• solace for surrender ➠
Solace for Surrender
Consider a situation that might call for you to surrender. (Examples: an unfortunate diagnosis, a cancelled flight, a major loss, a thwarted intention, an encounter with a rude salesperson or service representative, etc.)
Ask yourself: what can I do to change the outcome?
If there is something you can do/say/be to change the outcome, pursue it.
Ask yourself: what is beyond my control?
If there is something beyond your control, go ahead and have a fit, snit, tantrum, pout, et cetera about it. (Don’t squelch your natural feeling responses; they need air-time.)
After or while experiencing your natural feeling responses, work toward acceptance of that which is beyond your control. Say to yourself, “It is what it is,” or coin your own soothing phrase.
Look at how you could make lemonade out of lemons in the situation. Or, to mix metaphors, if weeds happen, and leaves fall, what is the “rake” that you need to invest in now?
Strive toward an attitude or perspective that keeps you out of the victim role. (Read Charles Swindoll on “Attitude,” below.)
Be on guard for excessive stoicism. Sometimes, in an effort to avoid seeing ourselves as the victim, we swing to the polar opposite and try to weather our hardships single-handed. Ask yourself if there is someone you could ask for help, and if there is, don’t hesitate!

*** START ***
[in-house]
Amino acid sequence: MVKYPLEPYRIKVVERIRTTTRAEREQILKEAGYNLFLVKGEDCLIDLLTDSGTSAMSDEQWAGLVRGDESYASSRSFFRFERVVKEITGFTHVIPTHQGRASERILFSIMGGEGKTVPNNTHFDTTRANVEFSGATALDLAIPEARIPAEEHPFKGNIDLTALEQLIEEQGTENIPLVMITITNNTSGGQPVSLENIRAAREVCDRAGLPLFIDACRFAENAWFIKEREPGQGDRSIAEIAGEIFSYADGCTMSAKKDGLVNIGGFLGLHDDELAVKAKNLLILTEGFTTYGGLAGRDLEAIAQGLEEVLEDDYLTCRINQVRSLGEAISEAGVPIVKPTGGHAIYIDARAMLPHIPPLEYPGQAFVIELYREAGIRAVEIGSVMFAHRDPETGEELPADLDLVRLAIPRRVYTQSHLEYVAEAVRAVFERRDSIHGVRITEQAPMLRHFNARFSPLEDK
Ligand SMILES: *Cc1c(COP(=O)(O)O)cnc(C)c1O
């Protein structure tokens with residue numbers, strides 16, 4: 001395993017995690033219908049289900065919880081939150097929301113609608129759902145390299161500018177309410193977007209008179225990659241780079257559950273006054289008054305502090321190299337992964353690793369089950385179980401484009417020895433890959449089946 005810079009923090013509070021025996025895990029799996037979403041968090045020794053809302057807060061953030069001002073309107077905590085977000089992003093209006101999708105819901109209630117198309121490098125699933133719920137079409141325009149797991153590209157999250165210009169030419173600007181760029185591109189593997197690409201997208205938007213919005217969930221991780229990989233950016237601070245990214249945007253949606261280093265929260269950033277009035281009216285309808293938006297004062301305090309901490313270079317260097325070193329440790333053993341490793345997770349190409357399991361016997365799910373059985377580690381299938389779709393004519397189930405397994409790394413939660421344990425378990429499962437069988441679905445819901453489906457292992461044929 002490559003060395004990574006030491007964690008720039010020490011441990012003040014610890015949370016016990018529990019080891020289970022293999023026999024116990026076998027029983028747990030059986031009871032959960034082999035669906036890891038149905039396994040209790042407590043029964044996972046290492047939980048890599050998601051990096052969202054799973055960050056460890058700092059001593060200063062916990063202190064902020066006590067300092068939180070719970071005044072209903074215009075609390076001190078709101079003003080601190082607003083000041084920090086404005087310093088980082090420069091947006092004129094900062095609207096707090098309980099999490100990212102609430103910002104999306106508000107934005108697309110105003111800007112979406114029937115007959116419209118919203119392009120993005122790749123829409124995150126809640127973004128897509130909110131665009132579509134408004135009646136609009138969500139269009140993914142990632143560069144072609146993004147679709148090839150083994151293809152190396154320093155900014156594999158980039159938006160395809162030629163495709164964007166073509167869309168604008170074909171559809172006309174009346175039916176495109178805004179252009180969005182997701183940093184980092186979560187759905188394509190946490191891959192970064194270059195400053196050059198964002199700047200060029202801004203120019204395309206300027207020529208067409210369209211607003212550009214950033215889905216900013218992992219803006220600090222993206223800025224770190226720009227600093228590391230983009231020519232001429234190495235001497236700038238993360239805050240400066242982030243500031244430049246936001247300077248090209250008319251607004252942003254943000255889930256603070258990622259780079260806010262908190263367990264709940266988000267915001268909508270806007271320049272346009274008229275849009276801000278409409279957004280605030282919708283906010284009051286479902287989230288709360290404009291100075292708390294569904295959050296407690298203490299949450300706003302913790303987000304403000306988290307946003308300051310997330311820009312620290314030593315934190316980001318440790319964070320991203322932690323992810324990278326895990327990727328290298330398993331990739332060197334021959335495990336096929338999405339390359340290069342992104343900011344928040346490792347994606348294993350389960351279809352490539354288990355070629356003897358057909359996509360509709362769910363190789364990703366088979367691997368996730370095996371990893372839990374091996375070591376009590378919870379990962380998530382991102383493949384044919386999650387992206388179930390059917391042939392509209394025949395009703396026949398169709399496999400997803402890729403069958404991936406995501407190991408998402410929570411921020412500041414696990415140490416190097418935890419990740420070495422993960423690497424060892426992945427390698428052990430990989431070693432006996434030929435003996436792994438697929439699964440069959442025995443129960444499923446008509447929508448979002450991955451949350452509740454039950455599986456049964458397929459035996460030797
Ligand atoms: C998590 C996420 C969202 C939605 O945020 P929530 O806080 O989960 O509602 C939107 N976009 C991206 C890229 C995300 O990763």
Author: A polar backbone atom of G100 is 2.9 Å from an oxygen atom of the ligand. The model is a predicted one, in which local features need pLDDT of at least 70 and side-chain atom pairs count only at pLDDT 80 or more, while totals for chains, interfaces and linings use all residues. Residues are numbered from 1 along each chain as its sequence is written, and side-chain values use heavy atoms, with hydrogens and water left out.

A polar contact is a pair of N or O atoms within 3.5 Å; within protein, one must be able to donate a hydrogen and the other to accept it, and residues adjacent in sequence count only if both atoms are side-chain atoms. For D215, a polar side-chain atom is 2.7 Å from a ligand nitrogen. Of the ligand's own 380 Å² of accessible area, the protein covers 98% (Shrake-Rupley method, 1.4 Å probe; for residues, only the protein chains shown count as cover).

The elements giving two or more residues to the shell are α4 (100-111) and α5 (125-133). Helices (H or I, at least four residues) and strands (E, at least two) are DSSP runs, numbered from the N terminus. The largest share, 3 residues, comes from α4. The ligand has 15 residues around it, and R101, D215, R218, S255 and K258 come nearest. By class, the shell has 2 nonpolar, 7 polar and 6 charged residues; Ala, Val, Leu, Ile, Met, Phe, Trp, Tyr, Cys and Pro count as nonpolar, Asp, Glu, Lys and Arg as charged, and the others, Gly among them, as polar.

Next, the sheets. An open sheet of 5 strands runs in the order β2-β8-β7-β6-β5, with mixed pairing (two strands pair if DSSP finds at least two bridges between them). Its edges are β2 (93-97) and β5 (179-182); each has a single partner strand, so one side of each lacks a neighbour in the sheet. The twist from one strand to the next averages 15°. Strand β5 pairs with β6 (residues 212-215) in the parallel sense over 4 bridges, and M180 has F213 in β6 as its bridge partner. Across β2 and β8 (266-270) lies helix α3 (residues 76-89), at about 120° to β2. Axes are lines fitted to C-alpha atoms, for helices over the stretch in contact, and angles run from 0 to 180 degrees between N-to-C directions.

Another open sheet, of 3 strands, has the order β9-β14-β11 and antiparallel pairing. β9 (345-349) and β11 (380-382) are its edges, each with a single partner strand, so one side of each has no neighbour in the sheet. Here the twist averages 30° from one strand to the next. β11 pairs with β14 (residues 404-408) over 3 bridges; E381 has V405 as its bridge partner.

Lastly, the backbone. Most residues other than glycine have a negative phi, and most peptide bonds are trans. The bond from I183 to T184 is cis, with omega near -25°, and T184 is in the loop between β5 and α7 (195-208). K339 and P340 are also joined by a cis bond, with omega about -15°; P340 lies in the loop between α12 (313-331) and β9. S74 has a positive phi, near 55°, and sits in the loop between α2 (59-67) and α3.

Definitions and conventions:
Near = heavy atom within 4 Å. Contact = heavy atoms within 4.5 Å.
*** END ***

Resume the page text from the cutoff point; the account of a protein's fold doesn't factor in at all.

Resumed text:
Continue to work on letting go of your search for a tidy solution … they just don’t always exist!
The longer I live, the more I realize the impact of attitude on life. Attitude, to me, is more important than facts. It is more important than the past, than education, than money, than circumstance, than successes, than what other people think or say or do. It is more important than appearance, giftedness or skill. It will make or break a company, a church, a home. The remarkable thing is we have a choice every day regarding the attitude we will embrace for that day. We cannot change the inevitable. The only thing we can do is play on the one string we have, and that is our attitude. I am convinced that life is 10% what happens to me and 90% how I react to it. And so it is with you, we are in charge of our attitudes.
~ Charles Swindoll
The Mathematics of Surrender
It’s not about giving up,
not about defeat.
If you insist on an equation,
embrace your limited impact on outcome,
subtract old beliefs that you should be able to fix it,
add willingness to let others meet their fate.
Divide this by two, as in yin and yang,
right and wrong,
good and bad.
Let it multiply until
all things are equal.
© Martha Clark Scala, 2007